The Drug Enforcement Administration has faced criticism for its role as a gatekeeper in the opioid addiction epidemic, with Acting Administrator Chuck Rosenberg lamenting during a congressional hearing this year that “we are part of the problem.”
But the DEA is taking a step this week that will reduce the amount of opioid medications manufactured in the U.S. next year. Production quotas for several highly addictive and potentially fatal drugs — including oxycodone, fentanyl, morphine and hydrocodone — will be reduced in 2017 by up to 34 percent over the amounts allowed this year, according to a final order to be published Wednesday in the Federal Register.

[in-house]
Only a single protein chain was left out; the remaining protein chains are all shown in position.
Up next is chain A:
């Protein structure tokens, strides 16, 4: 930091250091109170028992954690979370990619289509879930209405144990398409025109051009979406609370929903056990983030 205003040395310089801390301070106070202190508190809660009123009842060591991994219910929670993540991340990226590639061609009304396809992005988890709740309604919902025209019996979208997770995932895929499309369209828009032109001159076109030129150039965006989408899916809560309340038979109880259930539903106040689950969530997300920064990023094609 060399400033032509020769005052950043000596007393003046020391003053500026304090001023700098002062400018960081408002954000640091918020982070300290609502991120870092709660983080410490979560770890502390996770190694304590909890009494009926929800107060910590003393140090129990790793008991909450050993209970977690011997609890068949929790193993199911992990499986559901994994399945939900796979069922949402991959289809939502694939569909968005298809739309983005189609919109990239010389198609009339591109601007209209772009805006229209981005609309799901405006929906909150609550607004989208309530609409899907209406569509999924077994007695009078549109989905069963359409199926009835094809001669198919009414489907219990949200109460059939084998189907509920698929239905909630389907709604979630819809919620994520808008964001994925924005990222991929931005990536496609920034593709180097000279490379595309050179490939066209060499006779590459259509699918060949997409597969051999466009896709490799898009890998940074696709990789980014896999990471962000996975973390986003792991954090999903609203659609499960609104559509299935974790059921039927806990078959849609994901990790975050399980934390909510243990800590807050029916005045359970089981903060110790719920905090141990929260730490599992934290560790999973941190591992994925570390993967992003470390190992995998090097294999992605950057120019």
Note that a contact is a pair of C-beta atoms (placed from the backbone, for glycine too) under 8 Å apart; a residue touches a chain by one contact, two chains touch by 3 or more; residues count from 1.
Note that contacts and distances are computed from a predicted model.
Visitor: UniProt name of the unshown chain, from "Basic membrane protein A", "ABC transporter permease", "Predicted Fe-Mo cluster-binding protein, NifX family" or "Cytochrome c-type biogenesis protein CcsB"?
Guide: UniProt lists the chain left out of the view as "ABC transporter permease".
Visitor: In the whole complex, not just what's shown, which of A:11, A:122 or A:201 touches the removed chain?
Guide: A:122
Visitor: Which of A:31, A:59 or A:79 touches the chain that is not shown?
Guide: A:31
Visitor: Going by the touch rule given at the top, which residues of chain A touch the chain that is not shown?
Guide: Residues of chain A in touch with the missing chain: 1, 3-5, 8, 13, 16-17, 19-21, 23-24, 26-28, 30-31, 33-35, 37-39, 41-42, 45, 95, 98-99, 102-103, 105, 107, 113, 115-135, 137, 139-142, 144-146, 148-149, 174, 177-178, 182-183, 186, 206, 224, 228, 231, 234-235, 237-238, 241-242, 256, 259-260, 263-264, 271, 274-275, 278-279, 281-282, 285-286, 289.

The DEA controls the amount of drugs produced annually in order to meet research and medical needs. In a statement issued Tuesday, the agency indicated the reduction results from a decrease in demand for opioids via prescriptions and the elimination of an artificially-high production requirement to avoid drug shortages.